Hurricane Ridge is the most easily accessed mountain area within Olympic National Park. It is located 17 miles south of Port Angeles off Mount Angeles Road, the southern extension of Race Street that intersects with U.S. Highway 101 in Port Angeles. Follow Race Street out of town and follow signs leading to Hurricane Ridge. Hurricane Ridge Visitor Center is a great place to start your visit at the ridge. Stop there for brochures, maps, snacks and tips regarding your visit. It is open daily in the summer and whenever Hurricane Ridge Road is open during the remainder of the year. When planning to visit Hurricane Ridge, take note of the weather and understand that the forecast can change dramatically in a short period of time. Hurricane Ridge offers ridgetop traverses and steep trails that descend to subalpine lakes and valleys. Hurricane Hill is a solid trail that climbs to a panoramic view of mountains and saltwater. On a clear day, the 360-degree view offers glimpses north across the Strait of Juan de Fuca to Victoria, B.C., or the southern view of the glacier-clad Mount Olympus. This trail has an elevation change of 700 feet. The first quarter-mile of the 1.6-mile (one-way) trail is wheelchair-accessible with assistance. Another easy hike is Cirque Rim, a paved trail with views of Port Angeles and the Strait of Juan de Fuca. The half-mile (one-way) trek has an elevation change of less than 50 feet and is wheelchair-accessible with assistance. Klahhane Ridge is one of the more popular — and intense — trails at the ridge. The first 2.8 miles of this trail is on a ridge to a junction with the Klahhane Switchback Trail. An additional mile climbs 800 feet on the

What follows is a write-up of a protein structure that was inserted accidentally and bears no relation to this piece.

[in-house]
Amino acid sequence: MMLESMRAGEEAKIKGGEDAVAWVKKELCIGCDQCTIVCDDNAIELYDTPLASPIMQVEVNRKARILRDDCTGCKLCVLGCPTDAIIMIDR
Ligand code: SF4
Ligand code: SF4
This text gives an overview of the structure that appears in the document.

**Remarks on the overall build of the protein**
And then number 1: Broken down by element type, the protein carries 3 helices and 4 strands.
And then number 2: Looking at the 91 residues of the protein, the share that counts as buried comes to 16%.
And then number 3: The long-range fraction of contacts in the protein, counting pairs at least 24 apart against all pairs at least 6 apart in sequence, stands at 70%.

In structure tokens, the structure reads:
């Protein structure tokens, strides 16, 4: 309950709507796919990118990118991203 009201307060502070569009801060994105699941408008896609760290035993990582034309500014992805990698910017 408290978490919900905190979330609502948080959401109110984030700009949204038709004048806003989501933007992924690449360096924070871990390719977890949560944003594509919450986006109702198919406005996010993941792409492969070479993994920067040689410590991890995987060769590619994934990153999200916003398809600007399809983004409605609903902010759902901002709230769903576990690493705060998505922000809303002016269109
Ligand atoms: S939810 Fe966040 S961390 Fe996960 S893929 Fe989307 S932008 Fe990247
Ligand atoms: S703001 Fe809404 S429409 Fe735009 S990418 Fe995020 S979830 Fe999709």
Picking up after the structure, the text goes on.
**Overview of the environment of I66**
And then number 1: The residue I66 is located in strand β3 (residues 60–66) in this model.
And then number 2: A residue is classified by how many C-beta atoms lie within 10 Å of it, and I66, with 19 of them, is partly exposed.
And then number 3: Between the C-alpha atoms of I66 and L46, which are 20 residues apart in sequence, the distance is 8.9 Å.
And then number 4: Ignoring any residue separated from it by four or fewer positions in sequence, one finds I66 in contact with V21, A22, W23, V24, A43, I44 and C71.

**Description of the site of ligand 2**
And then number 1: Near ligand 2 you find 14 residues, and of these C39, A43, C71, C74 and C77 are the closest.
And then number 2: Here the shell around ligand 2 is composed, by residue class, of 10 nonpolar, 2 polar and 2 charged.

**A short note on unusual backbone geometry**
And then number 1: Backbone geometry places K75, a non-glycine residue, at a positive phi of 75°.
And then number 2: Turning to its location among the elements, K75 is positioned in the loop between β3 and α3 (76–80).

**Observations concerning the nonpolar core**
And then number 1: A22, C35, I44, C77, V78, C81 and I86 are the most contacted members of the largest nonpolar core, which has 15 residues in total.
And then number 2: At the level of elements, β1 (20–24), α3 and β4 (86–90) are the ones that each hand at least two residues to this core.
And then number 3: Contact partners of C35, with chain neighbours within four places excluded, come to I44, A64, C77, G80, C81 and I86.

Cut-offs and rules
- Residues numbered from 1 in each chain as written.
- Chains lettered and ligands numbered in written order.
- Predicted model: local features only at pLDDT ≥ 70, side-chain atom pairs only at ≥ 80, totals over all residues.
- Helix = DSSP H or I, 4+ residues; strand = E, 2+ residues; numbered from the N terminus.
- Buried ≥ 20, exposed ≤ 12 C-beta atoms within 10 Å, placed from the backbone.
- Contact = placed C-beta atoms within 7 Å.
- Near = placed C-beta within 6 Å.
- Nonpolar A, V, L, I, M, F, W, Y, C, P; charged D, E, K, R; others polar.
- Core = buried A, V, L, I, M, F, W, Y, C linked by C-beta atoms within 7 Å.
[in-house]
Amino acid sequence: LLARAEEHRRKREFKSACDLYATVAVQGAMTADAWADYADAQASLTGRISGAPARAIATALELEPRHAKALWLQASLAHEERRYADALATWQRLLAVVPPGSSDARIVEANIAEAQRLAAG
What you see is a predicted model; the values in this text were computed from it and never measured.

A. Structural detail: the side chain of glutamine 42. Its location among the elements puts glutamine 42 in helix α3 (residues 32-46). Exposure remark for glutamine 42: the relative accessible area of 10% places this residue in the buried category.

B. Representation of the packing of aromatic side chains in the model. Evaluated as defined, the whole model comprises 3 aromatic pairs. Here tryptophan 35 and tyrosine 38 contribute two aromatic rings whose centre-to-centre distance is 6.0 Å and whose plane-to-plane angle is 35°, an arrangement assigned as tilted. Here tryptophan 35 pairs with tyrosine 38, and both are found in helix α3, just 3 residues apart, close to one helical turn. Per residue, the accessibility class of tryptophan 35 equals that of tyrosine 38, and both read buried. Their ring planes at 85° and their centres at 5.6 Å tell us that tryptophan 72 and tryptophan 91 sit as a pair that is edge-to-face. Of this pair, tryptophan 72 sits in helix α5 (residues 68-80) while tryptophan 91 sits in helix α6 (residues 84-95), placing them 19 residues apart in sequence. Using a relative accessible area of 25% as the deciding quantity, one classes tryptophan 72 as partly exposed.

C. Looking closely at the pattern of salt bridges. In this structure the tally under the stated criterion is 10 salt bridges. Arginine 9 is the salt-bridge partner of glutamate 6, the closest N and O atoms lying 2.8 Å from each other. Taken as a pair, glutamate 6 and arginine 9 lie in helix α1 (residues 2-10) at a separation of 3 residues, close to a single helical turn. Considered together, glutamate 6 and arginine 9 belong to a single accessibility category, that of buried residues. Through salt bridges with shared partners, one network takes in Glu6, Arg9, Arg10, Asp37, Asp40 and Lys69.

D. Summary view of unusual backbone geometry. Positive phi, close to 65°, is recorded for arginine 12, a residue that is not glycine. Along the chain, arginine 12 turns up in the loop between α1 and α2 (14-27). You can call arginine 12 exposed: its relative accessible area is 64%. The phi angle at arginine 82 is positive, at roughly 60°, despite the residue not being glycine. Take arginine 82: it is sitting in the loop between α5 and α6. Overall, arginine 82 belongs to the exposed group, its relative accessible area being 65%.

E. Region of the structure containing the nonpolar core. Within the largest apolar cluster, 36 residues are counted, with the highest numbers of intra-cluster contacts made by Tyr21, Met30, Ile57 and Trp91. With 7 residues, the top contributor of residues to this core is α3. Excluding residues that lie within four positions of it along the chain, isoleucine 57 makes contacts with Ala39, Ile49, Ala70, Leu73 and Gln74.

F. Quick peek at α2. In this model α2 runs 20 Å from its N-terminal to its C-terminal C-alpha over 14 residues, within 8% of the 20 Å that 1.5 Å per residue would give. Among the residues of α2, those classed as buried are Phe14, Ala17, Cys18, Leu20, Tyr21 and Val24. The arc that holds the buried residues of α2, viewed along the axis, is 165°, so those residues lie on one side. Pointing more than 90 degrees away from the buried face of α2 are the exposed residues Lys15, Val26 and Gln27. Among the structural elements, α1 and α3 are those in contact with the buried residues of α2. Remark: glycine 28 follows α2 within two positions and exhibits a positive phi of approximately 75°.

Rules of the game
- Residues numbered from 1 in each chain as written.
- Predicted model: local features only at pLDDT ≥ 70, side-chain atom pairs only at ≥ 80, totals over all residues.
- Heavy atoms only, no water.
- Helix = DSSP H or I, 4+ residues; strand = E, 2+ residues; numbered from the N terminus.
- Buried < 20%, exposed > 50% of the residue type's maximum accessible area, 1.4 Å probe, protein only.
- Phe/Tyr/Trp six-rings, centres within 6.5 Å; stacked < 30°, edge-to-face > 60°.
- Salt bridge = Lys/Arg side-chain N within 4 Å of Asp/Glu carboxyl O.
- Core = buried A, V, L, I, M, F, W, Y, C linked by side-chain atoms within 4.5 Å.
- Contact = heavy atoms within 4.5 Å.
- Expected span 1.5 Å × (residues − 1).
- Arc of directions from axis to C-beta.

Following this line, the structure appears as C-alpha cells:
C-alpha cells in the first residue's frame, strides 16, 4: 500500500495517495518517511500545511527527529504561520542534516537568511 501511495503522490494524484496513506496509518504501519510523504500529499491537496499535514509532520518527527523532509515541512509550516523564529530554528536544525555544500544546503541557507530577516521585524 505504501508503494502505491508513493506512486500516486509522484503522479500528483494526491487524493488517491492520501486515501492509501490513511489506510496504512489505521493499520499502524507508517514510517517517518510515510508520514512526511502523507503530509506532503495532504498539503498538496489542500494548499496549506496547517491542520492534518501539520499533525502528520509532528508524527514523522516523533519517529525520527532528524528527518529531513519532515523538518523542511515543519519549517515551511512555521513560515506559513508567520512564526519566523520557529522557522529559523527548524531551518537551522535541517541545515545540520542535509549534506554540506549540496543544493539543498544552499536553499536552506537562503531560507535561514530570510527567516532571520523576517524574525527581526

HURRICANE RIDGE VISITOR CENTER IN LATE SPRING
HURRICANE HILL HIKERS
HURRICANE RIDGE ROAD IN EARLY SPRING
Switchback Trail to Klahhane Ridge. Once you’re ridge-running, look for Olympic marmots, mountain goats and gray jays flitting in the clouds. This summer, please be mindful of the roadwork on your way up to the Ridge. Drivers can expect delays of up to 20 minutes in both directions during weekday
work hours. This work is part of a five-month project to rehabilitate Hurricane Ridge Road from Mount Angeles Road in Port Angeles to Heart o’ the Hills entrance station. For Hurricane Ridge road and weather updates, phone the Olympic National Park hotline at 360-565-3131.
OLYMPIC MARMOT FACTS The most unique mammal to the Olympic Peninsula is the Olympic marmot, Marmota olympus, as they are found nowhere else in the world. These chirpy, playful creatures are incredibly social and can weigh 15 pounds or more before they enter hibernation in September or early October. They are often brown in color but can be yellow or tan when they emerge from hibernation in the spring and almost black in the fall. Marmots have a sharp, piercing whistle that warns others of intruders or potential predators and notifies hikers that they are in marmot territory. Marmots occupy mountain meadows above 4,000 feet. About 90 percent of Olympic marmot habitat is protected within Olympic National Park. Olympic marmots prefer fresh, tender, flowering plants such as lupine and glacier lilies (p. 25). In May and June, they will eat roots and might even gnaw on trees. Look for these furry rodents up at Hurricane Hill this summer! 24 OLYMPIC PENINSULA VISITORS GUIDE • SUMMER 2018